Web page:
Two Tickets To…Sarajevo – Part Three!

In case you’ve missed out, part one can be found here, and you can read part two here.

Our third and final day in Sarajevo was upon us. A hectic and slightly mad schedule awaited us – over the course of the day we had to:

  1. Pack up all our stuff. Everything had (somehow) escaped from our bags and jumped onto the floor.
  2. Check out of our accommodation.
  3. Go on a fairly in-depth tour of Sarajevo; taking in the wartime tunnels and the abandoned Bobsleigh track.
  4. Eat something, at some point.
  5. Make our way to the airport in time for our afternoon flight to Cologne in Germany (mysterious reason why to be revealed at the end).
  6. Find our accommodation in Cologne. And more food.

We got numbers 1 and 2 out of the way pretty quickly, and were given one final lift in to town by the lovely Emil – he didn’t even charge us this time, we must have done something right!

Armed with our massive bags, we waddled back through the Bazaars in the old Turkish bit of town, heading in the direction of the BH Spirit tour company’s office to begin our trip to the tunnels and Bobsleigh.

The fantastic bazaar – check out those coffee sets

First on the tour agenda was the Bobsleigh track – nestled at the end of a very unloved road high in the mountains above Sarajevo. As we bumped along over the potholes and past the stray dogs, we began to realise why the taxi drivers had been so reluctant to take us there the day before (definitely had nothing to do with our embarrassing attempts to speak Bosnian).

VERY high above the city…

The Bobsleigh track was built for the 1984 Winter Olympics, and would have hosted tens of thousands of spectators in its heyday. Now it stands as a crumbling memory, covered in graffiti and – eerily – bullet holes from the Bosnian war. We were dropped off near the top of the track, and were given plenty of time to wander all the way down to the finish line at our own pace.

Note the bullet hole in the concrete

The entire site is absolutely silent, bar the sound of the birds, which makes for a very strange atmosphere as you walk down. Taking it all in is a fascinating experience, and makes for some great photos. We’ll let these do the talking, because words don’t really do it justice. Needless to say, it’s somewhere you must visit if you have time in Sarajevo.

We stayed slightly longer than we should have done, and found our guide Dino wandering down the track to meet us as we headed back up (“I thought you’d got lost!”). He whisked us off at speed, back through the mental Sarajevo traffic and on to the airport, not for a flight but to visit the Tunnel of Hope, built during the siege of Sarajevo and used to smuggle everything from food to weaponry – the lifeline for the people of Sarajevo during the siege. There was a short film and a series of displays, but it was our guide Dino’s stories which made the visit memorable. There’s no replacement for hearing from someone who lived through history, and he had some truly shocking tales and some sad insights into the anger that still, unsurprisingly, exists among Bosnians today.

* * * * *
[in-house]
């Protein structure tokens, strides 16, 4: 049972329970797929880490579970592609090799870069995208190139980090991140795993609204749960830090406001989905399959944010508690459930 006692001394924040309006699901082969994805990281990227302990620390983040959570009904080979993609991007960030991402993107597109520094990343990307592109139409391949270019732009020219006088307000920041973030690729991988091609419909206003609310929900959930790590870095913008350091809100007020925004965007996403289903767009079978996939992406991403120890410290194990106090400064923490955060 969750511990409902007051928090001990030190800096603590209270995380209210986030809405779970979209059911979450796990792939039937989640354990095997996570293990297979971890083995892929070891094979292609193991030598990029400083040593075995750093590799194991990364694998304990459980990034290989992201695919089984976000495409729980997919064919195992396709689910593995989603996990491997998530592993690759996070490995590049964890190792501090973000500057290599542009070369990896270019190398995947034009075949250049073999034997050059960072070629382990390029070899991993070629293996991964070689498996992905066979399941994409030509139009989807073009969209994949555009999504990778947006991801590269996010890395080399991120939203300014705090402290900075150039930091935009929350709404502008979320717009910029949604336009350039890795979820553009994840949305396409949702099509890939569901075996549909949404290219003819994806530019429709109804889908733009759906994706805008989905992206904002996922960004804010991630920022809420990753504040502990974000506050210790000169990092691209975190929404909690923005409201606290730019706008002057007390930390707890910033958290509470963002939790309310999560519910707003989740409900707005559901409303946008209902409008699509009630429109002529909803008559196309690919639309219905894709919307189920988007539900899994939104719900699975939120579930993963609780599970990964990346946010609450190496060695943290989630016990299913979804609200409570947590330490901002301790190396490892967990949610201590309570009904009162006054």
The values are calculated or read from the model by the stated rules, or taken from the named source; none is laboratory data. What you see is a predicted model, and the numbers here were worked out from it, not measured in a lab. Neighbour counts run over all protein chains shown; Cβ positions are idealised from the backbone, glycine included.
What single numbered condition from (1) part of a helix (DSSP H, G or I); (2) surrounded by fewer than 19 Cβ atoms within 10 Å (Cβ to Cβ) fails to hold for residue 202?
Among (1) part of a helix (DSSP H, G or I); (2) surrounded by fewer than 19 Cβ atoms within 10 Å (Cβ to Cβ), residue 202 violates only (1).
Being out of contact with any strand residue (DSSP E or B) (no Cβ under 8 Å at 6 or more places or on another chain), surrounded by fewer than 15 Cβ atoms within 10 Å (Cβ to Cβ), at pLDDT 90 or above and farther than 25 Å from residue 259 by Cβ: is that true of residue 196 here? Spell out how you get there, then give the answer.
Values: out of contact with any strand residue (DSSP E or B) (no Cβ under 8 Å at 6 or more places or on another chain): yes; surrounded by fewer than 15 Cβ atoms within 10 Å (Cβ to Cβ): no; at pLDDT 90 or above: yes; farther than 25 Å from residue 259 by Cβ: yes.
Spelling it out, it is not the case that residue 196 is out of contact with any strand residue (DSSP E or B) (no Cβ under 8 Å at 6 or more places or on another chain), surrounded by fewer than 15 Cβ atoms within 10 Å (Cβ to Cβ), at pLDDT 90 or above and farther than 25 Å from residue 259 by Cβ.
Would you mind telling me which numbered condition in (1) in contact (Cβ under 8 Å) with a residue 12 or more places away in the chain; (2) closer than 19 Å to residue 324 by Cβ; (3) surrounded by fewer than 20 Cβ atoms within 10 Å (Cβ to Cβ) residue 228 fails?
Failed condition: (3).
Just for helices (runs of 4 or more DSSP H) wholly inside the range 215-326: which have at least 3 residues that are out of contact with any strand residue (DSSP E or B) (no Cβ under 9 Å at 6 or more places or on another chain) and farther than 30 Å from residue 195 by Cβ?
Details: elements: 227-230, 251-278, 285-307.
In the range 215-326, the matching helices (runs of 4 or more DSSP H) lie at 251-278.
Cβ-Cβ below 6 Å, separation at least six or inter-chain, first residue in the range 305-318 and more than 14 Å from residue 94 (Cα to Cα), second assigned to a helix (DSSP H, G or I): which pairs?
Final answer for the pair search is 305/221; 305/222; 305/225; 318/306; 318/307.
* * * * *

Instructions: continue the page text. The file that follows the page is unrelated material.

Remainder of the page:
The entrance to the Tunnel of Hope…

A short section of tunnel is open to let you experience a little of what the people who used it must have gone through. It is TINY. To put it into context, Lucy’s head nearly touched the ceiling. That is a sign of a low roof – and even the 50 meters or so which you were allowed to walk gave you a sense of how claustrophobic and uncomfortable it must have been when in use. Truly remarkable.

Our tour concluded with a visit next door, where we met Abid – a Bosnian pensioner and one of the unsung heros of the war. Abdul used to drive a supply truck, and told us tales of transporting goods (and sometimes bodies) under sniper fire from the Serbs on the hills. It must have been terrifying. Despite the morbid topics of conversation, Abid did have a great and slightly unorthodox sense of humour – his wife kindly served us coffee and was promptly described as “the biggest pain in my life” (more than once). Poor lady.


And with that, the tour was over – we bid farewell to Dino and had one last Burek before we began the journey back to the airport…this time to catch our flight! A taxi seemed like a bit of a cop-out at this stage, so we opted instead for a walk & tram combo. Without really having a clue what we were doing, we somehow found a tram that was heading in the general direction of the airport. It was absolutely rammed, and our backpacks were not a welcome addition in the eyes of the other passengers! Ah well, what can you do?

We definitely missed a stop, but managed to jump off within decent walking distance of our final destination, and before we knew it we were sat in the departures lounge. Sarajevo airport is, by the way, absolute garbage. If you want anything to eat (or even drink) whilst you’re waiting for the flight, buy it before you go through security. Unless you have a real love of burnt toast and overpriced water .

Not the greatest airport we’ve ever been to…

Starving and thirsty, it was finally time to board our Germanwings flight across to Cologne. Germanwings is definitely one of our favourite airlines – well-priced, reliable, and a great variety of routes.

 And the reason we were flying to Cologne? A Taylor Swift concert. Not even embarrassed. After the gig we’d be making our way by bus down to Frankfurt, and catching another flight to the beautiful Zadar in Croatia. Quite some detour. Stay tuned!


  1. Gus Woods

    Cool trip! The Tunnel of Hope and the interaction of Abid were particularly poignant – that war happened about 2 decades ago, but the effects still reverberate to this day. Hopefully someday we’ll be able to travel to Europe again – Sarajevo might be on the list.


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